Get a white case!


Ever heard of the term “albedo“? It designates the amount of sunlight (or if you want to be more precise: solar radiation) that is reflected by objects. Black objects reflect less and absorb more solar radiation (smaller albedo) than white objects (higher albedo). You can easily get a feeling for the difference by wearing a black or a white shirt on a sunny day. Similarly, if you expose a black or dark colored phone to intense sunlight, it will absorb more heat than a white or light colored phone and therefore be more prone to overheating. So if you do have a black or dark colored phone, it might a good idea to get yourself a white case so more sunlight is reflected off of the device. Vice versa, if you have a white or light colored phone with a black case, take it off. Be aware though that a white case only reduces the absorption of „external heat“ by solar radiation, not internal heat generated by the phone itself, something that particularly happens when you shoot in 4K/UHD, high frame rates or bit rates. You should also take into consideration that a case that fits super tight might reduce the phone’s ability to dispense internal heat. Ergo: A white phone (case) only offers some protection against the impact of direct solar radiation, not against internal heat produced by the phone itself or high ambient temperatures.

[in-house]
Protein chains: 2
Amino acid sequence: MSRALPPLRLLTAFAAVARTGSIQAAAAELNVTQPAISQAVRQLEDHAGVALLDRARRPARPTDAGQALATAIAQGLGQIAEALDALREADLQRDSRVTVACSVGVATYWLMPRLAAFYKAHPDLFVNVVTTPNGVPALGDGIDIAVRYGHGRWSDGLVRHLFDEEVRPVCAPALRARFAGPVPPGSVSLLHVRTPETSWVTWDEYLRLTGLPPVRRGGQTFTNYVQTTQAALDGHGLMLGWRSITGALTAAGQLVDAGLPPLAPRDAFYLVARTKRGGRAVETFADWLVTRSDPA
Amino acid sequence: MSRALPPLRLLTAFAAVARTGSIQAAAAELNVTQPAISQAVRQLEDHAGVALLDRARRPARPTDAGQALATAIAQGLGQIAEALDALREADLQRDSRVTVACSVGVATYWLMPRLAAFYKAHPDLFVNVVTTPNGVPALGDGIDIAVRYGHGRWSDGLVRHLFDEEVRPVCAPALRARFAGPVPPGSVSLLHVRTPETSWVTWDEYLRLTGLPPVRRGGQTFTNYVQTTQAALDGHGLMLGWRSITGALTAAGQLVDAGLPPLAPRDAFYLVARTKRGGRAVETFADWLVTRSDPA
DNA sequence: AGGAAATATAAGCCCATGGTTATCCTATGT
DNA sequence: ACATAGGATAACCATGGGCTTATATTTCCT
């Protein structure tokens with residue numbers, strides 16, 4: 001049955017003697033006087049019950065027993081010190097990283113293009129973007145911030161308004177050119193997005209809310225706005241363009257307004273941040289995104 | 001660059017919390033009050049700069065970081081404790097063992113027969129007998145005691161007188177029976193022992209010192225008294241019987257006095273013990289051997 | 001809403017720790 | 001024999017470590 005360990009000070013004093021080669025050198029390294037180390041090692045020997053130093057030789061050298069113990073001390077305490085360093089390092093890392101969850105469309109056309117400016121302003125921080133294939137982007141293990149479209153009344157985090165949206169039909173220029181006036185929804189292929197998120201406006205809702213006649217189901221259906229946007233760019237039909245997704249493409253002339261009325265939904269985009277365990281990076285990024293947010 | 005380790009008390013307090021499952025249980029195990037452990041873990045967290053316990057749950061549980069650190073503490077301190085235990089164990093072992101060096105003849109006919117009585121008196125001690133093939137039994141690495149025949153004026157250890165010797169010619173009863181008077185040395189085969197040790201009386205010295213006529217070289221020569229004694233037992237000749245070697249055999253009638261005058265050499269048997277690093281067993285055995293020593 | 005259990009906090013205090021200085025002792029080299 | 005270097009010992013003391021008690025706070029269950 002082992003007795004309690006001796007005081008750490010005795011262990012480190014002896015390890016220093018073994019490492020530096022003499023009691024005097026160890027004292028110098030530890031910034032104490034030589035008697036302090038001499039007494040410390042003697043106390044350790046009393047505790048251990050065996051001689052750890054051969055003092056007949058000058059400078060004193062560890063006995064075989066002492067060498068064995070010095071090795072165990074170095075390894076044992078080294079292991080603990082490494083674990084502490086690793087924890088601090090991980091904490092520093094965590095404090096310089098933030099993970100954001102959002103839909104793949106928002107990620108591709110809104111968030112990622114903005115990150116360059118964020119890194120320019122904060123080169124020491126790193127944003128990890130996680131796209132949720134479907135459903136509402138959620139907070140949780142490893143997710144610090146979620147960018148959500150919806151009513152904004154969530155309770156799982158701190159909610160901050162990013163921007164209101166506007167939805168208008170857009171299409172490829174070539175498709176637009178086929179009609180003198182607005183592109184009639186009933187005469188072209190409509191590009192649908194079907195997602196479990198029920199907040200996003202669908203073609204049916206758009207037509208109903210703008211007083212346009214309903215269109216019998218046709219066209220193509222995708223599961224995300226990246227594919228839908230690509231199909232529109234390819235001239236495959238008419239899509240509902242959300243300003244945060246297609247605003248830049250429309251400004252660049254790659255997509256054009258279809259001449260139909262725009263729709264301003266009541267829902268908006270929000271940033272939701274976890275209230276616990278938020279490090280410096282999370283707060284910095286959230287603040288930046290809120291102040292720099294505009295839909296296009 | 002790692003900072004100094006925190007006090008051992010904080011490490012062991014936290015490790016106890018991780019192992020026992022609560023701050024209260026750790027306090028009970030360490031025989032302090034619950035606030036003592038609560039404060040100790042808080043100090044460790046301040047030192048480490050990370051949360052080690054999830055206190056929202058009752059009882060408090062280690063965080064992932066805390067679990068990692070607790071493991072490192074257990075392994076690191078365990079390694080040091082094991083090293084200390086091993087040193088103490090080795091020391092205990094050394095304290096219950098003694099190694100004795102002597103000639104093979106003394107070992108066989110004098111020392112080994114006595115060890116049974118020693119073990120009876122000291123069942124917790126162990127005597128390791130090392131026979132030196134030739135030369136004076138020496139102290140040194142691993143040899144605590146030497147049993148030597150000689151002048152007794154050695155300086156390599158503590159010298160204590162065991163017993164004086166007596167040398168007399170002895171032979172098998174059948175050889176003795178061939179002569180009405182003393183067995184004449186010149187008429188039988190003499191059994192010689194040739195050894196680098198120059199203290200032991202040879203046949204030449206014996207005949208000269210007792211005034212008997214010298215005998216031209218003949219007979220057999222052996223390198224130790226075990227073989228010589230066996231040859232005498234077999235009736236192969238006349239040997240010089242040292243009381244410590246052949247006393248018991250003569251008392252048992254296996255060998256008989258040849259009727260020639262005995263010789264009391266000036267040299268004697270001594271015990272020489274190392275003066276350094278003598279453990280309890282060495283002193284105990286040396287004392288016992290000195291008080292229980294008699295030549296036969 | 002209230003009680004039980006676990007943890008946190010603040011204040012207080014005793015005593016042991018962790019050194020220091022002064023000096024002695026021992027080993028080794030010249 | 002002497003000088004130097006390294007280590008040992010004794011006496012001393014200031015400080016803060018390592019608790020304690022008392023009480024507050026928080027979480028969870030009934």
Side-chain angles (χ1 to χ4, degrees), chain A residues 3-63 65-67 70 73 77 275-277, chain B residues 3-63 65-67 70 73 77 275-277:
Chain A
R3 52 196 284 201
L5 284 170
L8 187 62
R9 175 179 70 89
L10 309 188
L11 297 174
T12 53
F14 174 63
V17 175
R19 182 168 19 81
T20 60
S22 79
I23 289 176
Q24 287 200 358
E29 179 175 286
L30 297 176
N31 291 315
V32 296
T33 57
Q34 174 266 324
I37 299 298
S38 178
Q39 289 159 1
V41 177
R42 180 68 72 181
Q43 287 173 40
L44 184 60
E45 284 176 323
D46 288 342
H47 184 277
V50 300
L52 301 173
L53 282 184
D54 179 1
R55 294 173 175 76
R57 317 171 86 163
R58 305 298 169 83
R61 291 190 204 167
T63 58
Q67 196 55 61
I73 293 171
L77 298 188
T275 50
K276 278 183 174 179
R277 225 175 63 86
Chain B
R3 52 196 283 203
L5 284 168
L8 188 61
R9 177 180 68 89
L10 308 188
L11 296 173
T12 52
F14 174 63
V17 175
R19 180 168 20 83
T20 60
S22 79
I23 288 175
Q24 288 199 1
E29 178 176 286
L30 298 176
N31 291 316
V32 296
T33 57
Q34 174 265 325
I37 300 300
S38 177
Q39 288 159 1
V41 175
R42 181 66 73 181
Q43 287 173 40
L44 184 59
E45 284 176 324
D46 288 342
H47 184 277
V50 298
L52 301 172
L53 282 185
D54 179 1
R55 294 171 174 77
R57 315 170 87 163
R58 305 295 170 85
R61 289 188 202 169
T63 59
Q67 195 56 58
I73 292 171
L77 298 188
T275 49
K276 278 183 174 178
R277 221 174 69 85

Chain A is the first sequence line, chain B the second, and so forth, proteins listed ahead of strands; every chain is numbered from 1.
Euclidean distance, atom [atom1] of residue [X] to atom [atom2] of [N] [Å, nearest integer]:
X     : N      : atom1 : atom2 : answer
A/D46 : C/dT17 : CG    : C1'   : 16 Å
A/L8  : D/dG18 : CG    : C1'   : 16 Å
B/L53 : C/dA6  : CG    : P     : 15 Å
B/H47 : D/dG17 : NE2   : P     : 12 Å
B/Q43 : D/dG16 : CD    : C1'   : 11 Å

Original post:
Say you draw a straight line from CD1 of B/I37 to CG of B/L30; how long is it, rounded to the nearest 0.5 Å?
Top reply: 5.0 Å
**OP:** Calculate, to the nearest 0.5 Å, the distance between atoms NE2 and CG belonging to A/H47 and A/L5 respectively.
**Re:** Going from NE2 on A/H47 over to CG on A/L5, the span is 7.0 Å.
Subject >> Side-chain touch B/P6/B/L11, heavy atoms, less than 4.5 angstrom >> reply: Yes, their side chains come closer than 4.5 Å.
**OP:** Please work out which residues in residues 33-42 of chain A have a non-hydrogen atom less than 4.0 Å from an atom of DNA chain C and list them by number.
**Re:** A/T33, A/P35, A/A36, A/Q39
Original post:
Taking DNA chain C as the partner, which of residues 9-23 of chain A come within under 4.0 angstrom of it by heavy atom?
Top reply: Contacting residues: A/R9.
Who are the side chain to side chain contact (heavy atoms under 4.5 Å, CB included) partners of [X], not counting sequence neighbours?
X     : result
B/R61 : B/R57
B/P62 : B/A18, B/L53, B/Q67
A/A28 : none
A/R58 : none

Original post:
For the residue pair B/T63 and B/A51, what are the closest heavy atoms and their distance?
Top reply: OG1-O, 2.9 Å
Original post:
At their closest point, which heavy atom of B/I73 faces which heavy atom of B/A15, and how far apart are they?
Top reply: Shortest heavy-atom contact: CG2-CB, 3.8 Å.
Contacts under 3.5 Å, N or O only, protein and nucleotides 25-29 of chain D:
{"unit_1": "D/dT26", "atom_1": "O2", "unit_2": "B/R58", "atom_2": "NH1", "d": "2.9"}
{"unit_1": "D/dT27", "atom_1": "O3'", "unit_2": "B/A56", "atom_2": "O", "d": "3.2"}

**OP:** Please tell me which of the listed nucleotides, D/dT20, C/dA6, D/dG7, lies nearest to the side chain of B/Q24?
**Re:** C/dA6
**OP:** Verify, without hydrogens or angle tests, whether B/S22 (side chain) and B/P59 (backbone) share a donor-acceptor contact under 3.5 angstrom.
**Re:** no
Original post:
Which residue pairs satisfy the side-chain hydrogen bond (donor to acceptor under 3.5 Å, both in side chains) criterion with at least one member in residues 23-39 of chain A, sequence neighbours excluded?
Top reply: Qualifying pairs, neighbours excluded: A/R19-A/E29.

Maximize screen brightness!
This is pretty obvious. Of course bright conditions make it harder to see the screen and judge framing, exposure and focus so it’s good to crank up the screen brightness. Some camera apps let you switch on a feature that automatically maximizes screen brightness when using the app.

Get a power bank!
Maximizing screen brightness will significantly increase battery consumption though so you should think about having a back-up power bank at hand – at least if you are going on a longer shoot. But most of us already have one or two so this might not even be an additonal purchase.

Use exposure/focus assistants of your camera app!